Conservative Beaver

News stories of interest to Proud Canadians

Ad

Ad

America

Report: Online work poses unique risks as lockdowns continue

WASHINGTON, DC - DECEMBER 02: Members of the House Financial Services Committee are seen via videoconference during a House Financial Services Committee oversight hearing to discuss the Treasury Department's and Federal Reserve's response to the coronavirus (COVID-19) pandemic on December 02, 2020 in Washington, DC. Federal Reserve Chairman Jerome Powell is also scheduled to testify.

Members of the House Financial Services Committee are seen via videoconference during a House Financial Services Committee oversight hearing to discuss the Treasury Department’s and Federal Reserve’s response to the coronavirus (COVID-19) pandemic on December 02, 2020 in Washington, DC.

OAN Newsroom
UPDATED 2:00 PM PT – Saturday, March 20, 2021

While Democrats have argued ongoing lockdowns and business closures are necessary to keep us safe, some tech experts have pointed out that doing everything from home presents its own risks. According to an Axios report Friday, a number of public communications officials and security experts explained how living online presents an opportunity for criminals.

One of the contributors to the report, Acting Chairwoman of the Federal Trade Commission Rebecca Slaughter, said she has been struggling to keep up with a surge of new fraud claims as bad actors have set up various scams related to coronavirus testing, vaccines and even stimulus payments.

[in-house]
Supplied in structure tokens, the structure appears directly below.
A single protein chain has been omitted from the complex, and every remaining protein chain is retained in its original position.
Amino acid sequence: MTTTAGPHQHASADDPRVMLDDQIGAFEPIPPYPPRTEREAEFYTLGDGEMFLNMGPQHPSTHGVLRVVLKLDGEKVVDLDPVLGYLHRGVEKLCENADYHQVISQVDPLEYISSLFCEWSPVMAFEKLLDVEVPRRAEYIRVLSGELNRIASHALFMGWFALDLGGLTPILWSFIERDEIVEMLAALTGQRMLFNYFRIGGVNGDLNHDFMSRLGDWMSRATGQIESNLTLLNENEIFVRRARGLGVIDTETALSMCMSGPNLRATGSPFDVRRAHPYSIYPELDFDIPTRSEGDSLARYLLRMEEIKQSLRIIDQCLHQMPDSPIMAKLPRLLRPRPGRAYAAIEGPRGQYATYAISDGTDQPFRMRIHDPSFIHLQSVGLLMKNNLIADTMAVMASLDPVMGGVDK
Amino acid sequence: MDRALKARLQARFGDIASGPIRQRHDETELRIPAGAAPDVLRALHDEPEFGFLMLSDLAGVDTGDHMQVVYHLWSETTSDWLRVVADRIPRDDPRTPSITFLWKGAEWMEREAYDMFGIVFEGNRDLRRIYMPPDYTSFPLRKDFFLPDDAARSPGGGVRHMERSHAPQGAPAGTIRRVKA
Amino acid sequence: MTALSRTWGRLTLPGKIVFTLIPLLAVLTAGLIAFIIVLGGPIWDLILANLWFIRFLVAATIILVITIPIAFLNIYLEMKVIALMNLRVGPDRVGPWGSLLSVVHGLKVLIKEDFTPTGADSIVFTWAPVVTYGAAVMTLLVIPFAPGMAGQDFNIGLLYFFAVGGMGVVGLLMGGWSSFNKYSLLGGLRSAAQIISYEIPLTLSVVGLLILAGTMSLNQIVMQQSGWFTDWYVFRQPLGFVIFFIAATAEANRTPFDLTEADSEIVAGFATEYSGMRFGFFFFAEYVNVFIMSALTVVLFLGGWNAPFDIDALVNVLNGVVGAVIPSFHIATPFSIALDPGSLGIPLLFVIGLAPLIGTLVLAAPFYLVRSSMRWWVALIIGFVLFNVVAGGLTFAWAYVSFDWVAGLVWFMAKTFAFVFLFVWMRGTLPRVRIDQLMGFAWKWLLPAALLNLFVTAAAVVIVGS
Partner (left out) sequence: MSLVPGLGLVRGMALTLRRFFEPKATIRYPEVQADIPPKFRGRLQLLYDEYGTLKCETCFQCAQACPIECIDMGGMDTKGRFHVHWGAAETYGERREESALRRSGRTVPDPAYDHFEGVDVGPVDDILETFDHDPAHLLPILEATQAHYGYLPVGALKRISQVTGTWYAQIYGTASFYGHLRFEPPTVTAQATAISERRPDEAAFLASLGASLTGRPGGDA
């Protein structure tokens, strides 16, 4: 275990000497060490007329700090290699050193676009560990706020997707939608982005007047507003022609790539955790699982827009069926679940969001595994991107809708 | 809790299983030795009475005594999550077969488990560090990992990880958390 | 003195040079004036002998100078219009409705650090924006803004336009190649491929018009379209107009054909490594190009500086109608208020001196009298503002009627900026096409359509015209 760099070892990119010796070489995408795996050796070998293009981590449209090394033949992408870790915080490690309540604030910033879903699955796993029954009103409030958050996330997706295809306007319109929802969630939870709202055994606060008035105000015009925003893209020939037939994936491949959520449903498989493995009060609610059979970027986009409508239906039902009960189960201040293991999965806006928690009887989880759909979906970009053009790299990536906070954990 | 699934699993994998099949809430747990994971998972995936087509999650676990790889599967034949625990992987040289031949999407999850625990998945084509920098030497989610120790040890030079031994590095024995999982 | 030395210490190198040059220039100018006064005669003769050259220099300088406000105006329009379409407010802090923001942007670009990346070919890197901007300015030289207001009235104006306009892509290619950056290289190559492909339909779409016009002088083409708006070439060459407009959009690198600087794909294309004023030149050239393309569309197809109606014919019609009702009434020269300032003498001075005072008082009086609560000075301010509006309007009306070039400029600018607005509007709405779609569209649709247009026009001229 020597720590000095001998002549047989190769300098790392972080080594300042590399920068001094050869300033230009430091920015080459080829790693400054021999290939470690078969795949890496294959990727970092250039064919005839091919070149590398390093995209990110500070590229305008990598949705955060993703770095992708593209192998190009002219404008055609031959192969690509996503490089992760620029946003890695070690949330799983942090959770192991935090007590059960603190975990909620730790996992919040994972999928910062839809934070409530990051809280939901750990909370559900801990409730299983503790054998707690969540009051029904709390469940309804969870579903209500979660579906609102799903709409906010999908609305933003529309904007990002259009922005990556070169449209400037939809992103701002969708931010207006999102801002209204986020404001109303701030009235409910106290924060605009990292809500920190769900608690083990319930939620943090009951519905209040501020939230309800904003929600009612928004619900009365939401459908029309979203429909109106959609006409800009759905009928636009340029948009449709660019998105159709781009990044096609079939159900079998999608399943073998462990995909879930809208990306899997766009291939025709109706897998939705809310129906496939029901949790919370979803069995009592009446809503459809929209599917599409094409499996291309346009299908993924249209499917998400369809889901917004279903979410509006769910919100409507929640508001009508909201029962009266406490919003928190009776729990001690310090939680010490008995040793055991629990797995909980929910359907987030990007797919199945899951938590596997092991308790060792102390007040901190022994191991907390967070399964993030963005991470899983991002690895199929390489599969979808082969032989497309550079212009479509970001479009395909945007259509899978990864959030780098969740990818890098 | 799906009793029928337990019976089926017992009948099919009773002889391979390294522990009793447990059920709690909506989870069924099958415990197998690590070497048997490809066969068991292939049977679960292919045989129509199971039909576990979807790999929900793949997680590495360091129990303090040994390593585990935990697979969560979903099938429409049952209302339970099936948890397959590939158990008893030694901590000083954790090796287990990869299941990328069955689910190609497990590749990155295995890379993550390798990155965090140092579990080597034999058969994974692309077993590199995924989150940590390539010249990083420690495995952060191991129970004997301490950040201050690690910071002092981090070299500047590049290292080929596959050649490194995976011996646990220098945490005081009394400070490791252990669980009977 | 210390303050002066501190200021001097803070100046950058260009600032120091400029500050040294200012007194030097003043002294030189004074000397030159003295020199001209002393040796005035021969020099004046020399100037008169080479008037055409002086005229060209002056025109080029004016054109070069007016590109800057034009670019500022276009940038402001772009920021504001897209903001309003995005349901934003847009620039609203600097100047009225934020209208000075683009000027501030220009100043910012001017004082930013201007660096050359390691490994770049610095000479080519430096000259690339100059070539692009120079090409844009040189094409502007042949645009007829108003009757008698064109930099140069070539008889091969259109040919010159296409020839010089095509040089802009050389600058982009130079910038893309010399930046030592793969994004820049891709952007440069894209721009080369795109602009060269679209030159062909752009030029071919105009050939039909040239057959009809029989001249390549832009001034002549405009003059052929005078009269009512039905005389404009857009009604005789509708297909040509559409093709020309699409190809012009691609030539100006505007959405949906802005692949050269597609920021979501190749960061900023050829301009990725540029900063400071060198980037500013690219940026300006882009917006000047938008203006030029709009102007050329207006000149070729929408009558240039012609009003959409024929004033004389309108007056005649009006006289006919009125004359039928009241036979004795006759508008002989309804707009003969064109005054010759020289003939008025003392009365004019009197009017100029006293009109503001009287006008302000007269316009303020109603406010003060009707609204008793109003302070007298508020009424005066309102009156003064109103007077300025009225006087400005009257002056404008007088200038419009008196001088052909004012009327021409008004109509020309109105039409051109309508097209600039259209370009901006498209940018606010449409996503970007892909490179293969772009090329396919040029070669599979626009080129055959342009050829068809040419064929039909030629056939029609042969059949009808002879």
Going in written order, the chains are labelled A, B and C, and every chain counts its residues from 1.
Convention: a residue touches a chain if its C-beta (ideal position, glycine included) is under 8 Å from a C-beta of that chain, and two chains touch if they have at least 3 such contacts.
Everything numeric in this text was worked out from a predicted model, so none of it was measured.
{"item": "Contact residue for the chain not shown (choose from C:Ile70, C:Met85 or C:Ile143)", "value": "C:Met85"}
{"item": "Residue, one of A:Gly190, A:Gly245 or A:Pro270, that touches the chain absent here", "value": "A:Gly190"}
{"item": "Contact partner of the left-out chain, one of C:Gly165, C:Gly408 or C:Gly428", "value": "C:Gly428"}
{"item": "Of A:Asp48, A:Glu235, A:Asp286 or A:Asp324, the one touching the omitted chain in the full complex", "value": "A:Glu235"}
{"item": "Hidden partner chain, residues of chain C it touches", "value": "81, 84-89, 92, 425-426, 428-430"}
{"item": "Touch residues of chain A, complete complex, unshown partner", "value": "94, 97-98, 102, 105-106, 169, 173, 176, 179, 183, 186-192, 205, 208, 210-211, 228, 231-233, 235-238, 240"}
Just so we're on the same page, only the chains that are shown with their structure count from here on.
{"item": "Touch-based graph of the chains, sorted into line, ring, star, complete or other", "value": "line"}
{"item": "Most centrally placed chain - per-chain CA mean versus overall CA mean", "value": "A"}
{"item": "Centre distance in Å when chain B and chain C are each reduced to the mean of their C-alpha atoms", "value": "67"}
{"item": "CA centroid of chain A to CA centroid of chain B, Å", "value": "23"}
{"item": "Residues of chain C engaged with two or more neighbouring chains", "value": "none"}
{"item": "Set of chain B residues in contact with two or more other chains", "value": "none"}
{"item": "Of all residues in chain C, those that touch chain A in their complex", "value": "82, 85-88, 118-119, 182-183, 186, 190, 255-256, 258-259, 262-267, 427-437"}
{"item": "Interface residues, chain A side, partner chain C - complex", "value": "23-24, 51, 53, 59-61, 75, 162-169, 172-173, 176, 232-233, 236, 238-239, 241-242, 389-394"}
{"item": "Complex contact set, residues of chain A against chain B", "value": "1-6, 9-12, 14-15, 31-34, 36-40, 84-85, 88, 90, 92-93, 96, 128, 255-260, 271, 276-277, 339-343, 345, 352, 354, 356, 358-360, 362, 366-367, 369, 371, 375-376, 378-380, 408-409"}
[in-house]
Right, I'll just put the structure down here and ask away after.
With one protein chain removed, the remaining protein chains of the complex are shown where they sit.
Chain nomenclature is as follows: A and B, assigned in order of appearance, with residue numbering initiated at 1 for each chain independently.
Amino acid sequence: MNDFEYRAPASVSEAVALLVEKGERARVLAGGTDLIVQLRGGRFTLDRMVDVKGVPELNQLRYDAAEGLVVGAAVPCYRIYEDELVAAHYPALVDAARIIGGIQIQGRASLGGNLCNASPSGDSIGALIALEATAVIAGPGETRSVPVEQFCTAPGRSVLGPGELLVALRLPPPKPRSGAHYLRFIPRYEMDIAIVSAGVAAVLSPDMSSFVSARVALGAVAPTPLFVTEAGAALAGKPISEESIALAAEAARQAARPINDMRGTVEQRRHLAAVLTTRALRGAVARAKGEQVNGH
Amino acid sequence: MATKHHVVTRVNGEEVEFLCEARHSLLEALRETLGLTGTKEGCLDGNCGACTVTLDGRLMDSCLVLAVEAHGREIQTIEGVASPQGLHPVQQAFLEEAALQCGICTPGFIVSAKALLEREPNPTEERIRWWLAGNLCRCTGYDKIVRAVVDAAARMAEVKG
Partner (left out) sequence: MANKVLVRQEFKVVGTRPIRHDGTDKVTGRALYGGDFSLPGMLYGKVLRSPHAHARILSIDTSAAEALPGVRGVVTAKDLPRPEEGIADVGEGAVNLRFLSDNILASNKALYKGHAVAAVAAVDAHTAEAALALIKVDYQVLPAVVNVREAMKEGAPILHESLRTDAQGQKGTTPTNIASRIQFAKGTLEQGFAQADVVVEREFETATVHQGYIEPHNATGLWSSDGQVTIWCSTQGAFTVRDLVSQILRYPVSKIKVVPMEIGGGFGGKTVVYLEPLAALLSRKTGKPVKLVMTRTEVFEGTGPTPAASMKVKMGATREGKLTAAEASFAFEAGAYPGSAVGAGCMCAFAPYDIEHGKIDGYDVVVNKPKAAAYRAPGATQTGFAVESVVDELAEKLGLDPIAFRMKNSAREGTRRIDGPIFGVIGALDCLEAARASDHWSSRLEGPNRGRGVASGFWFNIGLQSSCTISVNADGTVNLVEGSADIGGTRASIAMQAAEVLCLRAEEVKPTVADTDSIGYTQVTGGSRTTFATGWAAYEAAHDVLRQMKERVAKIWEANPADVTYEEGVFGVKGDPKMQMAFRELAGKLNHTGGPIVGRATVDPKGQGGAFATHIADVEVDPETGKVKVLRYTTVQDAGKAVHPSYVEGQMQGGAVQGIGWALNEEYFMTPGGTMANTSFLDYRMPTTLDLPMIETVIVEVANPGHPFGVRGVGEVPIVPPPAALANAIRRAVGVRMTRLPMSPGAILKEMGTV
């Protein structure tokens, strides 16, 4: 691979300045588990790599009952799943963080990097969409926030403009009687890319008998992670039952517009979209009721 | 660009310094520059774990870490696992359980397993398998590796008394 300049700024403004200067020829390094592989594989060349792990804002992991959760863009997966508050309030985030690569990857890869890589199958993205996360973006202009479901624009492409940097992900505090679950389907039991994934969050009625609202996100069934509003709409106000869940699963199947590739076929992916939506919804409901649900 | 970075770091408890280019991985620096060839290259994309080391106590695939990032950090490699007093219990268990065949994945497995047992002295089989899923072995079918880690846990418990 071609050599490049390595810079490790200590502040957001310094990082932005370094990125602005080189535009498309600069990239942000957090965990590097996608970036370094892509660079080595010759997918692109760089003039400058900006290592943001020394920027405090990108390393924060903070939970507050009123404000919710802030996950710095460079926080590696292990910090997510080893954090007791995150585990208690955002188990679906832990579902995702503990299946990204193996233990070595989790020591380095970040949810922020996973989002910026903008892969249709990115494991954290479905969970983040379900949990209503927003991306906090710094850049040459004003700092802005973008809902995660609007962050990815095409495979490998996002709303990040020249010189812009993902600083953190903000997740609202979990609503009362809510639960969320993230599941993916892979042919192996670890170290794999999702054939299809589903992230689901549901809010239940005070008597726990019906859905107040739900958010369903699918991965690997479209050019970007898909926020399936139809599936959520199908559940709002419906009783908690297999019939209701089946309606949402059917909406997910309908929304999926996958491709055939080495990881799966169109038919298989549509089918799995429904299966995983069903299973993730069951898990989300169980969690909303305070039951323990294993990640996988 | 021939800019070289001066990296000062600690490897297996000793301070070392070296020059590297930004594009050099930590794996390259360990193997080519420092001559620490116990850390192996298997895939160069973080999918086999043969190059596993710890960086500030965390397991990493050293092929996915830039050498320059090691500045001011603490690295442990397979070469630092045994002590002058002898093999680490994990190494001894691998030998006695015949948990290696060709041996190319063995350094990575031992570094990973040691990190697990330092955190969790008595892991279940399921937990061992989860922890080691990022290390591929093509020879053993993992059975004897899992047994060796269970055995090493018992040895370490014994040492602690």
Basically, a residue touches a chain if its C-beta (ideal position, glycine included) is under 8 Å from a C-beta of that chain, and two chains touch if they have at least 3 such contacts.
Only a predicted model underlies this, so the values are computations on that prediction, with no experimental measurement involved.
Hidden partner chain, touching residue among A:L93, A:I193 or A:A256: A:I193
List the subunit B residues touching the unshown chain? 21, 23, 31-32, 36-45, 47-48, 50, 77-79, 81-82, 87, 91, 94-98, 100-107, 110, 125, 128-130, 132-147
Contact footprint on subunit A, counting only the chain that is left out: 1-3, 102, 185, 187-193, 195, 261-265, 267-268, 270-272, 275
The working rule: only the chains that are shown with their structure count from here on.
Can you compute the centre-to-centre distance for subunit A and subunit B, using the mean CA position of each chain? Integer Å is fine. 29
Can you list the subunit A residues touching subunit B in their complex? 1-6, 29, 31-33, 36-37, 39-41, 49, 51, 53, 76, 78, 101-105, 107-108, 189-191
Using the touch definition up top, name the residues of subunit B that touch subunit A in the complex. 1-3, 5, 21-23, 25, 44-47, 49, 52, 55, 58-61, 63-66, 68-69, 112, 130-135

“But we here at the FTC would like to remind you that scammers follow the headlines too,” said Slaughter. “So here are a few short ways to spot a scammer trying to take your money or personal information. First: Know that nobody in the government will ask you to pay anything upfront to get your economic impact payment. There is no way to get your payment faster…that’s simply a scam.”

Electronic Privacy Information Center Policy Director Caitriona Fitzgerald said that while moving things online can curb the spread of COVID-19, moving away from in-person systems can also have severe consequences. Fitzgerald has argued some systems simply cannot adapt to an online format, such as the criminal justice system.

She pointed out how a Virginia woman decided not to testify against a man she had accused of sexual assault because she would have to do so through a live stream, which would be available to the public. Virtual court hearings present another issue, which was brought to light during a domestic abuse hearing in Michigan that was held in March.

St. Joseph County Assistant Prosecutor Deborah Davis stopped a hearing when she believed her witness was actively being intimidated by the man she was testifying against, her boyfriend Coby Harris.

“Your honor, I have reason to believe that the defendant is in the same apartment as the complaining witness right now and I am extremely scared for her safety,” St. Joseph County Assistant Prosecutor Deborah Davis stated during the virtual court hearing. “The fact that she is looking off to the side and he is moving around — I want some confirmation that she is safe before we continue.”

Police officers arrived at the witness’ house and arrested Harris, who has been charged with obstruction of justice in addition to the numerous assault charges levied against him in the first place.

District Court Judge Jeffrey Middleton expressed his disbelief.

“This is an issue we didn’t have when we had live court,” Middleton said. “This is the first time to my knowledge —  if he is in the same venue — that this has occurred.”

Despite these new threats, a few states representing the West Coast and New England are still hesitant to re-open fully. The states have condemned their citizens to live online at their own risk.

MORE NEWS: Air Force Drone Washes Ashore On Southern Fla. Beach

LEAVE A RESPONSE

Your email address will not be published. Required fields are marked *